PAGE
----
Published: July 5th 2010, Egmont Children’s Books
Pages: 246 pages, paperback
Acquired: Sent for review by Egmont
Summary (from Goodreads): My Name is Zelah Green and I'm a cleanaholic. I spend most of my life running away from germs, dirt, and people. And I'm just about doing ok and then my stepmother packs me off to some kind of hospital to live with a load of strangers. It's stuck in the middle of nowhere.
Great. There's Alice who's anorexic. Caro who cuts herself. Silent Sol who has the cutest smile. And then there's me.
What I liked: Zelah Green is the story of Zelah, a fourteen year old girl who suffers from OCD. After her father disappeared a month before, she’s been living with her stepmother, who doesn’t understand or try to understand her OCD. Zelah is eventually shipped off to a rehabilitation centre for teenagers who suffer from behavioural problems. At first Zelah hates Forest Hill House as the thought of trying to beat her ‘rituals’ terrifies her. Eventually, though, the kind owners of Forest Hill help Zelah to realise that leaving behind her ‘rituals’ might not be so terrifying after all.
Zelah really reminds me of Georgia Nicholson of Angus, Thongs and Full Frontal Snogging (et al). She’s funny, friendly and immediately likeable. She’s a protagonist I’ll remember for a long time, mostly for the frank way she discusses her OCD. She has a softer side too that makes her more relatable, especially when she talks about her recently deceased mother.
The description of Zelah’s therapy at Forest Hill House is extremely vivid and I really felt the tension within the room while she was trying to overcome her OCD. Learning more about the disorder was fascinating and it’s clear Curtis did her research thoroughly before writing the book, which just helps to make it that little bit more realistic and memorable.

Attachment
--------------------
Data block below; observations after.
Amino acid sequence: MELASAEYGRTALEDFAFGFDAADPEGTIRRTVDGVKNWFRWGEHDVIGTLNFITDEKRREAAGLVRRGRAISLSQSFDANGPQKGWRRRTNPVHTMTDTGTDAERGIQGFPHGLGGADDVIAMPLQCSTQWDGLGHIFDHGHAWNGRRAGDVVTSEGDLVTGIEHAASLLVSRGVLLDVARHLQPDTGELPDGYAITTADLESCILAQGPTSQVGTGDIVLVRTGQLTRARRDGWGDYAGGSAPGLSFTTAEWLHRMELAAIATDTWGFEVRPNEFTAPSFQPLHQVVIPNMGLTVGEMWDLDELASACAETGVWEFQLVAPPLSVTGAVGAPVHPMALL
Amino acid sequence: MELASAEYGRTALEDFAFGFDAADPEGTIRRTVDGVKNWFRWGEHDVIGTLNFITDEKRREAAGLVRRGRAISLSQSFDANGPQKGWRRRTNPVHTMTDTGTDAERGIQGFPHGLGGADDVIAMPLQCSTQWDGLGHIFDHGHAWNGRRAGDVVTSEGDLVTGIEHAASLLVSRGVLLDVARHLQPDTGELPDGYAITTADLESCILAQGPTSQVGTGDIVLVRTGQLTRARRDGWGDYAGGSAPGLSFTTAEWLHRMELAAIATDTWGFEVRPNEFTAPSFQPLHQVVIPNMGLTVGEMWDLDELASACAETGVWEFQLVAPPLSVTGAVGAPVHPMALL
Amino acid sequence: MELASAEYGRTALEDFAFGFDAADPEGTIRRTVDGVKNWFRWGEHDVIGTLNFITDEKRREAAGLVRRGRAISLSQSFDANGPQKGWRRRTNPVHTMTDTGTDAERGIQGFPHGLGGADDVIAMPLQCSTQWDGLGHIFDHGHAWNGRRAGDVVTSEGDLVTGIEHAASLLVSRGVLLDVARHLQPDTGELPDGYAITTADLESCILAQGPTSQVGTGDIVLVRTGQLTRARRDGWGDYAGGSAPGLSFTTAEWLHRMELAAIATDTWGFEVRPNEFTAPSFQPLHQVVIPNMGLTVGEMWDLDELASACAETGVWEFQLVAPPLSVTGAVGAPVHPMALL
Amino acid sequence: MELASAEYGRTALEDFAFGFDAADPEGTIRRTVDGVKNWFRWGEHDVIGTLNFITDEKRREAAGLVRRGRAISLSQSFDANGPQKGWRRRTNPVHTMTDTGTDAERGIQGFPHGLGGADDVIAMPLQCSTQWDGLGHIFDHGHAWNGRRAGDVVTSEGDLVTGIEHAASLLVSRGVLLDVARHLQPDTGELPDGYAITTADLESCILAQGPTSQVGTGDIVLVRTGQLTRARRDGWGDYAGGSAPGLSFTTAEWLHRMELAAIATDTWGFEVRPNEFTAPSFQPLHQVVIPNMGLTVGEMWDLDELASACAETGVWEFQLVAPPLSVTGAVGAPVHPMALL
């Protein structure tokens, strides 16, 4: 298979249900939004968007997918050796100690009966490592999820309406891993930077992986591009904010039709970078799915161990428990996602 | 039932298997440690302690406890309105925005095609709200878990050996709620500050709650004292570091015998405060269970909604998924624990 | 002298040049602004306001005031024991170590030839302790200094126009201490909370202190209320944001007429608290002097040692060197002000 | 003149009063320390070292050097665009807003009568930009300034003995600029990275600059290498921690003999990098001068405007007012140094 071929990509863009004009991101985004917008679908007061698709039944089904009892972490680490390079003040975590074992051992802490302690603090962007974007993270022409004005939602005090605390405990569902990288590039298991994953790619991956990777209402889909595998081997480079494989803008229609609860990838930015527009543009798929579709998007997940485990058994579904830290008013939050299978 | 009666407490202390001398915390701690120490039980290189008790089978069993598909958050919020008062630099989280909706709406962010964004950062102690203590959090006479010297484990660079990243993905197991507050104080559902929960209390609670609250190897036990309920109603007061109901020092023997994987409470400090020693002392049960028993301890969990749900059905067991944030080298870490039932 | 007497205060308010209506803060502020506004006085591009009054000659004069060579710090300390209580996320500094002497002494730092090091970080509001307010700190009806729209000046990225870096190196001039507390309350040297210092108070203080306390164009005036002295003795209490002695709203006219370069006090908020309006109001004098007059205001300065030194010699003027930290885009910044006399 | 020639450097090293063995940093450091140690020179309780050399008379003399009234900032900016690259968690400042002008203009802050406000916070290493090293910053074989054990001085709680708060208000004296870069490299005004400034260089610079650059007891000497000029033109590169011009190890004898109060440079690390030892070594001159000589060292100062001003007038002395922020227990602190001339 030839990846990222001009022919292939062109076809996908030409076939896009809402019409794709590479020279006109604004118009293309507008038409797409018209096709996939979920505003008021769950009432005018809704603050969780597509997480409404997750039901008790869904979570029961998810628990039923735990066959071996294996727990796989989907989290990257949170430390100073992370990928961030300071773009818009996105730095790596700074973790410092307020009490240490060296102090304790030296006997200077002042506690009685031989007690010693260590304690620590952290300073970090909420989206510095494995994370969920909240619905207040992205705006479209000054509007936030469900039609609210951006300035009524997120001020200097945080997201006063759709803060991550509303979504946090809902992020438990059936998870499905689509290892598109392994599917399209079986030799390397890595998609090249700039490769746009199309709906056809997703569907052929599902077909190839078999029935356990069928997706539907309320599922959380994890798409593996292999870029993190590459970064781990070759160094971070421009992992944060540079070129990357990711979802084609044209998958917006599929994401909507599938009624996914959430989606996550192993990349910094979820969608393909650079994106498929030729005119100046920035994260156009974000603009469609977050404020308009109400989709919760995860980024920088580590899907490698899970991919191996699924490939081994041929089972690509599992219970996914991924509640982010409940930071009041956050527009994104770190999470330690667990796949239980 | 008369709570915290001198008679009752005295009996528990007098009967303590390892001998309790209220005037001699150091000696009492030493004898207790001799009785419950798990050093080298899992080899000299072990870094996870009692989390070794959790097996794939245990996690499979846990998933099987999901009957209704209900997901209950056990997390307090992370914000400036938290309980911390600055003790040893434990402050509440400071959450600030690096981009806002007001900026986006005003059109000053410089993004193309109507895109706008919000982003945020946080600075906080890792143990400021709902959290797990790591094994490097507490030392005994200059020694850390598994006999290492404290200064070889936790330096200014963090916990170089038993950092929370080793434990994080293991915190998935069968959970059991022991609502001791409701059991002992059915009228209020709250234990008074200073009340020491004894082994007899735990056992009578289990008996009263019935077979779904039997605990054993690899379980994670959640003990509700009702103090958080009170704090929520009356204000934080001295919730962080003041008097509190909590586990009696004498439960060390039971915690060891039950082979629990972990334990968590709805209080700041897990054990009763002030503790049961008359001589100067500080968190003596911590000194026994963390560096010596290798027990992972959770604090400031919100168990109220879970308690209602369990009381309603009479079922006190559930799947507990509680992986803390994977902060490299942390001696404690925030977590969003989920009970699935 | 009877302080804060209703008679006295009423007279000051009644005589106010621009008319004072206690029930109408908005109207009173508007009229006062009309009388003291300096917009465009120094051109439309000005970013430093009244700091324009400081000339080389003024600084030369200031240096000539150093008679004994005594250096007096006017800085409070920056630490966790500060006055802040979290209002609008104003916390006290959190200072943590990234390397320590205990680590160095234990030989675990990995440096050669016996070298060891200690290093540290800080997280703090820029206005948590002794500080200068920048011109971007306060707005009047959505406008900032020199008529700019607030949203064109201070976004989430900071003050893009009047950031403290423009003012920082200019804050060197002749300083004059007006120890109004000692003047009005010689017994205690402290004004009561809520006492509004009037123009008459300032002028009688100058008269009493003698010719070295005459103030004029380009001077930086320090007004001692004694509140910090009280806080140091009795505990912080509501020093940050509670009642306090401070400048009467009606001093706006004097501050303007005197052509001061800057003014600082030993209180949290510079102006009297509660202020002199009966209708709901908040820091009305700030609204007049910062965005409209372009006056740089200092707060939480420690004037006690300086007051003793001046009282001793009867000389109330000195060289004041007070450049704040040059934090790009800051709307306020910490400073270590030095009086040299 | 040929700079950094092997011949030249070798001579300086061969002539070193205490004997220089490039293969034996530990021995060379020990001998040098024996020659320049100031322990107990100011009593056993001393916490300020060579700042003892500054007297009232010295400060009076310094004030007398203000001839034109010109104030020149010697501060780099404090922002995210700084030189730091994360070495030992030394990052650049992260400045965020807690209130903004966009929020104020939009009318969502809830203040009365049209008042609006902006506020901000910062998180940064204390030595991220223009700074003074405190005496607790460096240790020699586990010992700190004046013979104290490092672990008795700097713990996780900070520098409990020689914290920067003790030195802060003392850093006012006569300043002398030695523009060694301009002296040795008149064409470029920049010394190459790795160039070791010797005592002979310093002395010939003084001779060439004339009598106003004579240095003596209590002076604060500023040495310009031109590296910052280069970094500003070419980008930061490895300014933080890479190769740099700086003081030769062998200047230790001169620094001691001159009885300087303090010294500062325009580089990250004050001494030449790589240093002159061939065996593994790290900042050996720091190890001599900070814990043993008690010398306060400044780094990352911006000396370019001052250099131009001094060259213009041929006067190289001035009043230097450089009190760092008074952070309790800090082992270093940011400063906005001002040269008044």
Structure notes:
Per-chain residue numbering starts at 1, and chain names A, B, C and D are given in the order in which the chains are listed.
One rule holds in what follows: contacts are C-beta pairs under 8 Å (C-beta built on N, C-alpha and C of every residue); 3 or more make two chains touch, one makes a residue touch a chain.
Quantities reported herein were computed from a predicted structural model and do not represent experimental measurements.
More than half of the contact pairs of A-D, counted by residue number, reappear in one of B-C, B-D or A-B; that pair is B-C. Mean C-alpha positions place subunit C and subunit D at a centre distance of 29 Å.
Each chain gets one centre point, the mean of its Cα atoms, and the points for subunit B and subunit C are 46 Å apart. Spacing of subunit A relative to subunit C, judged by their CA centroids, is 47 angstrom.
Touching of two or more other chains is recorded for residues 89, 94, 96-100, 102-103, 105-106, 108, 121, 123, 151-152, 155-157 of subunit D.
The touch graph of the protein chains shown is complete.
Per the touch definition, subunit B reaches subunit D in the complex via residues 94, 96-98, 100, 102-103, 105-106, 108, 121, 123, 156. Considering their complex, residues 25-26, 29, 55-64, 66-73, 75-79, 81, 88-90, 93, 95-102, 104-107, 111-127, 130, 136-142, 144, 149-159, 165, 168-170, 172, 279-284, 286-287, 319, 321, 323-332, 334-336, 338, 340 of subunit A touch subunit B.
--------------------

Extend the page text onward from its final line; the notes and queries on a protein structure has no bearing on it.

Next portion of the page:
What I didn’t like: There are a lot of great support characters in Zelah Green, especially the other residents at Forest Hill House, but I felt like they weren’t explored to their full potential. Alice, in particular, I thought was very underused. Her story was extremely interesting to me and I really wish she’d been given more time within the novel so we could really learn more about her.
Lib, as well, was another one I wanted to know more about. The reason for her stay at Forest Hill House is only implied but I really wanted to hear more about her back story as I thought she was a very intriguing character but she wasn’t really developed to anything beyond a secondary character.
While some serious attention is paid to the problems of the residents at Forest Hill House within the novel, I felt some of the problems were made light of a little often. There were just too many times where Caro’s self harm or Zelah’s OCD were casually joked about – obviously I expected the girls to joke about it between themselves but it did make me feel slightly uncomfortable, which is not a good thing and does take away from the good that the book tries to do.
First line: ‘My name is Zelah Green and I’m a Cleanaholic.’
Read if you liked...: The Boyfriend List – E. Lockhart
Total: 15/20 (B)